Do you have anything better than these?

Tall_Allen profile image
Tall_Allen in reply to MrG68

I wrote the article on prostatecancer.news about Skyler Johnson's study, and after discussing it with the author (discussion available on the Malecare site on youtube). If that's not enough for you, your confirmation bias is blinding you.

MrG68 profile image
MrG68 in reply to Tall_Allen

I dont care of you wrote it with the blessing of the Pope.No it isn't good enough.

It uses the lowest form of evidence, observational studies, and had conflicts of interests and a list of limitations longer than your arm. Why would I ever find that acceptable evidence?

But yet AGAIN you ignore the criticism and brush them away as confirmation bias.

You’re supposed to prove things with science. Isn’t this what you’ve been saying all the while. Yet when confronted by anyone you default to either conformation bias, or randomization rhetoric and say the person isn’t understanding what the data says.

Top tip: to to actually use some credible science to prove your point.

Tall_Allen profile image
Tall_Allen in reply to MrG68

Testing everything with a clinical trial would be prohibitively expensive and time consuming. So scientists use screening procedures. Here's how such things are screened by scientists: if a lower level of evidence detects a problem, then it is screened OUT and no further trials are done. If a lower level of evidence detects a benefit, then it may advance to testing with a higher level of evidence. But very few substances that are beneficial at a low level of evidence, prove to be beneficial.

If you want to use a substance that has safety concerns at a lower level of evidence, that is your choice. The rest of us don't want to take that risk, but it is your body, your life.

MrG68 profile image
MrG68 in reply to Tall_Allen

Just more waffle with terminology and procedures thrown in there that don’t answer any of the previous posts concerns.Nothing you’ve said there justifies how you’ve tried to use poor evidence papers as your best evidence you’ve got available.

If you had better, you’d have shown it.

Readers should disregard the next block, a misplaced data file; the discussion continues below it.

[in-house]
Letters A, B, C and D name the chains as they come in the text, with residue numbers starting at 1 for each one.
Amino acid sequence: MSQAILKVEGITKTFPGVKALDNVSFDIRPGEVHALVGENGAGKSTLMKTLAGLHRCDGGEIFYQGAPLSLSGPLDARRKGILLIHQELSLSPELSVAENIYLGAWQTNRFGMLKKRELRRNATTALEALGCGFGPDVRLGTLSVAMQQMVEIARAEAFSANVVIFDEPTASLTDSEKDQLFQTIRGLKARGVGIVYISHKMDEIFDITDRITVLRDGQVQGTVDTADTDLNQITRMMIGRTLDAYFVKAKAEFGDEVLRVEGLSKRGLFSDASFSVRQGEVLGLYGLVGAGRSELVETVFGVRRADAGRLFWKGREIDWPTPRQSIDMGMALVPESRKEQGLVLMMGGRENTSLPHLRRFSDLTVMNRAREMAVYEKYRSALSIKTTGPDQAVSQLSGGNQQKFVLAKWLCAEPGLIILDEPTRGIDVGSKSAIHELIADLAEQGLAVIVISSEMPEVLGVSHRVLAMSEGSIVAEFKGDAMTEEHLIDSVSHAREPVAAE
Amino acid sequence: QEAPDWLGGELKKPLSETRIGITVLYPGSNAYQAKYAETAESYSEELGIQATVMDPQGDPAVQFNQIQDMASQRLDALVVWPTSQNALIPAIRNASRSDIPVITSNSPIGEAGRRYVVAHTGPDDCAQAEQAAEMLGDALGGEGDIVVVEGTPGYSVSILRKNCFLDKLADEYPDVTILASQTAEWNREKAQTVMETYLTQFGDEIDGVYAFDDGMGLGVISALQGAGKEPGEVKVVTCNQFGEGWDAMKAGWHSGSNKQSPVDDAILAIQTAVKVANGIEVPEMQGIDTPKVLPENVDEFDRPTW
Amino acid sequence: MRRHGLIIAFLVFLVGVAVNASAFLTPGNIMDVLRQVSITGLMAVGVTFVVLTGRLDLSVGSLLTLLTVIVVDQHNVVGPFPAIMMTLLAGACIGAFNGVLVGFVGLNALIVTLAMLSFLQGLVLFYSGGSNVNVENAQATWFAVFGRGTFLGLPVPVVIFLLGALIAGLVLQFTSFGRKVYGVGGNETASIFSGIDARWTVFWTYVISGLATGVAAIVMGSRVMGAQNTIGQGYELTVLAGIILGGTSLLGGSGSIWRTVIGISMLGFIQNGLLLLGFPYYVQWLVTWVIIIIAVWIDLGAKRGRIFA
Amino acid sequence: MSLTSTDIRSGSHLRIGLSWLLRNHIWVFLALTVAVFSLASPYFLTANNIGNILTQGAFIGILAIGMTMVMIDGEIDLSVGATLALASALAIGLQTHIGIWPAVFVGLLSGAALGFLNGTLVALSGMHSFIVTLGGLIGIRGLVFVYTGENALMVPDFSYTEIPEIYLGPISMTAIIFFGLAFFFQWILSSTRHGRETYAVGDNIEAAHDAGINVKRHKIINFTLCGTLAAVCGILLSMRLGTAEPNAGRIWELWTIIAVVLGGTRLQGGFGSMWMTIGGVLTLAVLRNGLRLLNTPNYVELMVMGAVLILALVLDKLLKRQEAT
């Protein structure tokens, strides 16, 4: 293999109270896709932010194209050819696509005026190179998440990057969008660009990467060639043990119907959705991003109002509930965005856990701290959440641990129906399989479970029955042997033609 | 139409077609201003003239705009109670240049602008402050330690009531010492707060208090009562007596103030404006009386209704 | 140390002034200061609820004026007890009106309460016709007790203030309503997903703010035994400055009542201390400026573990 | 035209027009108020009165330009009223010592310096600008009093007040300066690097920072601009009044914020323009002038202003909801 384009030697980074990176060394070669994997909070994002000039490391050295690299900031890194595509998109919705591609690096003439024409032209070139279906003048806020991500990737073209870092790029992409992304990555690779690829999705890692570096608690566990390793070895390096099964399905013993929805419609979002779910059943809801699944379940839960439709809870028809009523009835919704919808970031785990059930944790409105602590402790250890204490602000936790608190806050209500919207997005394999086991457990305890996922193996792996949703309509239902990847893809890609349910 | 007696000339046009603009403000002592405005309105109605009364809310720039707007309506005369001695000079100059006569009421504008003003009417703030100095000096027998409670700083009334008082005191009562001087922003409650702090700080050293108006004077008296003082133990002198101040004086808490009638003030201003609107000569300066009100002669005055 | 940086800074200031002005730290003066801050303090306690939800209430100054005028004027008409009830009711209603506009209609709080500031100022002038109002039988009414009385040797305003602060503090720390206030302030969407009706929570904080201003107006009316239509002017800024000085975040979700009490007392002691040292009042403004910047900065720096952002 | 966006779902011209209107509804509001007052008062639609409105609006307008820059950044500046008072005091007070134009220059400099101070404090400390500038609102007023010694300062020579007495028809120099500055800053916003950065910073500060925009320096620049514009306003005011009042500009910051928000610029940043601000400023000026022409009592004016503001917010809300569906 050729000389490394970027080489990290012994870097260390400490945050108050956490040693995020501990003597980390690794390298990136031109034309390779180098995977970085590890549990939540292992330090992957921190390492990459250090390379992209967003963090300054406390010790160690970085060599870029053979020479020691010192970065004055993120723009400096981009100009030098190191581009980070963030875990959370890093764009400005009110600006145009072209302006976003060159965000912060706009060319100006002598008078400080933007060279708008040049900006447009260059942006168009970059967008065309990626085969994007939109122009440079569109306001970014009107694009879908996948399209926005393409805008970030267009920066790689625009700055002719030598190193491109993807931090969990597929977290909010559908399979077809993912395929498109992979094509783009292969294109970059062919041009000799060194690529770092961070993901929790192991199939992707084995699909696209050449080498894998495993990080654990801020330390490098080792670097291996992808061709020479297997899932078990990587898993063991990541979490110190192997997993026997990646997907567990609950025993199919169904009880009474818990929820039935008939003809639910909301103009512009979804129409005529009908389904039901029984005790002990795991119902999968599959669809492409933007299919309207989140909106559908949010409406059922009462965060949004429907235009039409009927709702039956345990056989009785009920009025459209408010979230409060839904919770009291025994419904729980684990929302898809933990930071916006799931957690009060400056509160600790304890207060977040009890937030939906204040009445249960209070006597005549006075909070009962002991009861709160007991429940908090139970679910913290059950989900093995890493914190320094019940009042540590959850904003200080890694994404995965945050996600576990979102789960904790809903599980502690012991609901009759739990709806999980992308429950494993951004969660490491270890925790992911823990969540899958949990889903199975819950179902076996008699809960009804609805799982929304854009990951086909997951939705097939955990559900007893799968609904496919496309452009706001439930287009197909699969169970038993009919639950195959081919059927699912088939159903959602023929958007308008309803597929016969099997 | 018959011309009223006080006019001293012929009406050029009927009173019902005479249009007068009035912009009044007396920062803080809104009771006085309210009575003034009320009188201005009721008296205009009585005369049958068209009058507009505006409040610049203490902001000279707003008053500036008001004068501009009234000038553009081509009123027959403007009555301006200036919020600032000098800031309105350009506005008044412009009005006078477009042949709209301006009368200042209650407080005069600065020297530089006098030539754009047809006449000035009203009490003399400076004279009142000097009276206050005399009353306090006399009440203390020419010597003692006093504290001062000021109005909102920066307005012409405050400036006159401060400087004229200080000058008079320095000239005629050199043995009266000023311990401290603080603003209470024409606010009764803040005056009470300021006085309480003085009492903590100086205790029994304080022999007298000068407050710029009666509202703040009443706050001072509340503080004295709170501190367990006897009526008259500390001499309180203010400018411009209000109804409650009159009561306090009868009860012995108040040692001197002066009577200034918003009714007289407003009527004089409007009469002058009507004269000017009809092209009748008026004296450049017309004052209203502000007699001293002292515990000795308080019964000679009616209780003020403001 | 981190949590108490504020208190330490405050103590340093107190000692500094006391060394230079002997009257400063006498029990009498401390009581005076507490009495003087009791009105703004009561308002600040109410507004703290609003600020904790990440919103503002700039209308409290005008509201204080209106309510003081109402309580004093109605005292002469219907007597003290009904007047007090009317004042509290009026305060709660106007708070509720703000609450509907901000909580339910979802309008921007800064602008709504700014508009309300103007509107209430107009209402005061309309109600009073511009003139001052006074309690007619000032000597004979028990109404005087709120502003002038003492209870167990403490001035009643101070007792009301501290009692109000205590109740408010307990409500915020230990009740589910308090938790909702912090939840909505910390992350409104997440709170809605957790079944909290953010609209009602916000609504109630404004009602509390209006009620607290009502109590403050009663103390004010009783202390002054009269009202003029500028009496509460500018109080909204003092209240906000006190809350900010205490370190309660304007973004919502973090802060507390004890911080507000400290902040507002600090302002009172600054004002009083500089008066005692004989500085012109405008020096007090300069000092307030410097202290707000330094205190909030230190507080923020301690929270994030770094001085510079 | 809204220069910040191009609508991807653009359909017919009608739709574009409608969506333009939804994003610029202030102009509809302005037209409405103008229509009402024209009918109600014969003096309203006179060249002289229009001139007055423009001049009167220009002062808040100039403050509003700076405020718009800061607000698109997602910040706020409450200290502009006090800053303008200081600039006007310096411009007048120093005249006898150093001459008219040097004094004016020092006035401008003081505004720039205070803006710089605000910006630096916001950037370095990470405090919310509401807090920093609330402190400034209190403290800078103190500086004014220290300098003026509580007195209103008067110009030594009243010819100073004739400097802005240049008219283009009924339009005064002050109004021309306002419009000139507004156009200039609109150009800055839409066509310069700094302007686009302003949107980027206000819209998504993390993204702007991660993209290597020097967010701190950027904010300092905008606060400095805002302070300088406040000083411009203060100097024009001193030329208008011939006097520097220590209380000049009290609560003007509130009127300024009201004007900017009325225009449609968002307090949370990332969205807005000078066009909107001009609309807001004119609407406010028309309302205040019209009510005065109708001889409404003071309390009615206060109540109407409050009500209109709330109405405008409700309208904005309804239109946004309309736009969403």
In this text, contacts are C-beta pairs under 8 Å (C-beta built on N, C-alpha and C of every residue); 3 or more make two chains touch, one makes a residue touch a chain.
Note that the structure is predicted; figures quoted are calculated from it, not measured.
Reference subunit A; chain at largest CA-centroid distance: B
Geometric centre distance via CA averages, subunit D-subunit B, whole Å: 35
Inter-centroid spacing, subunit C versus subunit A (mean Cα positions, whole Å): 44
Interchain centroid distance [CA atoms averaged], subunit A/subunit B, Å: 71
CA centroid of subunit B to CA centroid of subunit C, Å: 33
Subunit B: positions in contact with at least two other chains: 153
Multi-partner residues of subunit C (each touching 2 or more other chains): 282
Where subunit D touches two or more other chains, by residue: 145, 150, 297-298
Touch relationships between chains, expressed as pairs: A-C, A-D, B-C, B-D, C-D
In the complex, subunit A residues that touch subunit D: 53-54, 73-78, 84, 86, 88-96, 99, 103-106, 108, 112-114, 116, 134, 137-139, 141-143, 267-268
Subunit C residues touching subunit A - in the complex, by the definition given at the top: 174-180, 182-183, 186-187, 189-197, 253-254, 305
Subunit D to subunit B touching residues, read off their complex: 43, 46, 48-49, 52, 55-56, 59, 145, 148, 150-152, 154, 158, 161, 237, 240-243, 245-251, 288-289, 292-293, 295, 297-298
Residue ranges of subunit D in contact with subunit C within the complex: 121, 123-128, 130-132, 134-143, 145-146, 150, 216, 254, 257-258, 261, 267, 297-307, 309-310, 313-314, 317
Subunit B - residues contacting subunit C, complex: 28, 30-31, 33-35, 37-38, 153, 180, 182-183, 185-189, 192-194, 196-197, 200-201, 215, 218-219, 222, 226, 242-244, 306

You have a habit of ignoring what people are saying and then calling them illiterate or incapable of understanding. Yet the evidence you’ve supplied here is very poor quality - and I’m being nice there. Then you claim that you’re some bastion of science. It’s incredible really.

Tall_Allen profile image
Tall_Allen in reply to MrG68

If you don't want to hear or because of your confirmation bias, you are incapable of hearing the answer- why ask the question? I will ignore all future responses from you to me.

MrG68 profile image
MrG68 in reply to Tall_Allen

There you go again. Conformation bias… blah blah. Totally ignore any issues.I have no problem you ignoring my posts.

But I will continue to post where I see you posting nonsense or content of extremely weak evidence made to look more than it’s worth by creating an opinion piece based on it. Things like that.

You should, IMO, stick to your advice on drugs. You add value to people asking for advice about that.

noahware profile image
noahware in reply to MrG68

This is my problem with the CDC: they use the lower and weaker levels of evidence as valid to support whatever policy or meds they are pushing, because "that's the best science we have at the moment," but anything they are NOT pushing gets the "there-are-no-RCTs-so-this-is-not-safe" treatment.

Tall_Allen profile image
Tall_Allen in reply to noahware

There have been many RCTs since covid, so I have no idea what you are talking about.

Darryl profile image
DarrylPartner in reply to Tall_Allen

youtu.be/whWPtWZIBGs

Gearhead profile image
Gearhead

I understand Tall_Allen's concerns in his Part 3 essay. I think the main tool available to most of us to deal with these concerns is simply good critical thinking skills.

London441 profile image
London441

We already knew that.

maley2711 profile image
maley2711 in reply to London441

I'm a dummy...I didn't know that !!!!!!

monte1111 profile image
monte1111

This post has been a pure joy. Good night everyone.

jac_j_sp profile image
jac_j_sp

The best way for pharmaceutical companies to promote their products would be to get unsolicited endorsements from satisfied customers in an internet forum.

mperloe profile image
mperloe in reply to jac_j_sp

Or consider the cutest TV commercial with the best music.

MrG68 profile image
MrG68 in reply to mperloe